Microsoft has today encouraged customers to install security updates for three Windows TCP / IP vulnerabilities that are considered critical and high in severity as soon as possible.
This warning was given due to increased exploitation risk and potential denial-of-service (DoS) attacks that may soon target these errors.
The three TCP / IP vulnerabilities affect computers running Windows client and server versions starting with Windows 7 and later.
They can all be exploited remotely by unauthorized attackers and tracked as CVE-2021
Two of them expose unpatched systems to Remote Code Execution (RCE) attacks, while the third enables attackers to trigger a DoS state by taking down the targeted device.
“The DoS exploits for these CVEs will allow a remote attacker to cause a stop error. Customers can receive a blue screen on any Windows system that is directly exposed to the Internet with minimal network traffic,” said the Microsoft Security Response Center team.
“The two RCE vulnerabilities are complex, making it difficult to create functional exploitations, so it is unlikely in the short term.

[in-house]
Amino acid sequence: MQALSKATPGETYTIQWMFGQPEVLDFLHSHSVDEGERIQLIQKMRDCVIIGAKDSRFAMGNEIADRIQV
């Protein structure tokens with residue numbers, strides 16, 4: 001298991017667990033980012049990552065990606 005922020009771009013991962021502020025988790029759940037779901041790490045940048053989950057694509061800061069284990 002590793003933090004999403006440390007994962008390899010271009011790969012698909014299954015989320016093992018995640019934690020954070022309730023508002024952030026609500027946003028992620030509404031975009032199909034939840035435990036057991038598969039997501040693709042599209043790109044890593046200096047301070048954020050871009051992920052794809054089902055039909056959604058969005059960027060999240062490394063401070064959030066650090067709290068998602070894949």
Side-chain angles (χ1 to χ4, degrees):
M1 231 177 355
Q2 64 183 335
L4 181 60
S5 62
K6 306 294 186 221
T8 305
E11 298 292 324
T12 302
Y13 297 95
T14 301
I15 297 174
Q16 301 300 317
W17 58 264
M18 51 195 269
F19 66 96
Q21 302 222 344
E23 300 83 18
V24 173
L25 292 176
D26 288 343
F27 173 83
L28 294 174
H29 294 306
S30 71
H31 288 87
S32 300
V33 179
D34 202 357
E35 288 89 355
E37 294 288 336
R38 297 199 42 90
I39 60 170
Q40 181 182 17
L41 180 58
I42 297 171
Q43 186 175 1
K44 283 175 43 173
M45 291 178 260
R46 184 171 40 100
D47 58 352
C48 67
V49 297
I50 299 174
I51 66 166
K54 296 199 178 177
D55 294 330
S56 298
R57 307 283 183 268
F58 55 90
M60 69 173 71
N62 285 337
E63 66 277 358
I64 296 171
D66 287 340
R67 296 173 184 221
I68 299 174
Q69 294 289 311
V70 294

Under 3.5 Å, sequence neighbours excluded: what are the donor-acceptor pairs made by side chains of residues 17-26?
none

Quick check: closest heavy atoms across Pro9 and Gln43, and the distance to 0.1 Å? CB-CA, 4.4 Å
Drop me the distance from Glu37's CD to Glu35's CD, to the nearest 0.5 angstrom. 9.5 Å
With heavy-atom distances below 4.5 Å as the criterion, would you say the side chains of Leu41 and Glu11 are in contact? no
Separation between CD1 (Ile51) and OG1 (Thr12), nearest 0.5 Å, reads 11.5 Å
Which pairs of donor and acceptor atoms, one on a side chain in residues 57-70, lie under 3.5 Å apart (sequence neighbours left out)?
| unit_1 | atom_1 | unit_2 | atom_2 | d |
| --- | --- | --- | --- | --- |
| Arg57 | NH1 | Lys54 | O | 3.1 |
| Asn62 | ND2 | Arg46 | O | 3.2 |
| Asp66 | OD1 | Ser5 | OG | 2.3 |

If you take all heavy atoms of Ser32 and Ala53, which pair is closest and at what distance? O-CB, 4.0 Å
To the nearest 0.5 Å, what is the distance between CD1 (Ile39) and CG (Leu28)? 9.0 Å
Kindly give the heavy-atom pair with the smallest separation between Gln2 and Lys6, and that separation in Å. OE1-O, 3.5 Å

“We believe that attackers will be able to create DoS exploits much faster and expect all three issues to be exploited with a DoS attack shortly after release. We recommend that customers move quickly to use Windows security updates this month. “
Windows TCP / IP vulnerabilities:
– Internal discovery at Microsoft
– Not exploited in nature
Utilizing exploitation for RCE is very difficult
– Temporary solution is denied Source Routing, which is not allowed by default
CVE-2021-24074 CVE-2021-24094 CVE-2021-24086 https://t.co/WJLhzqwRVp
– Kevin Beaumont (@GossiTheDog) February 9, 2021
Solutions are also available
While Microsoft says it’s important to apply current security updates to all Windows devices as soon as possible, the company also provides solutions for those who cannot deploy them immediately.
Redmond offers separate Internet Protocol Version 4 (IPv4) and Internet Protocol Version 6 (IPv6) solutions to these vulnerabilities.
The IPv4 solution requires hardening against the use of Source Routing, usually not allowed in standard Windows mode.
Detailed instructions available in the CVE-2021-24074 Guide can be used either through Group Policy or by running a NETSH command that does not require a restart of the updated machine.
IPv6 solutions require blocking of IPv6 fragments which unfortunately can adversely affect services with IPv6 dependencies. Information on how to use them is available in the CVE-2021-24094 and CVE-2021-24086 tips.
“IPv4 Source Routing requests and IPv6 snippets can be blocked on an edge device, such as a load balancer or a firewall,” Microsoft also noted.
“This option can be used to reduce high-risk exposure systems and then have the systems patched to standard cadence.”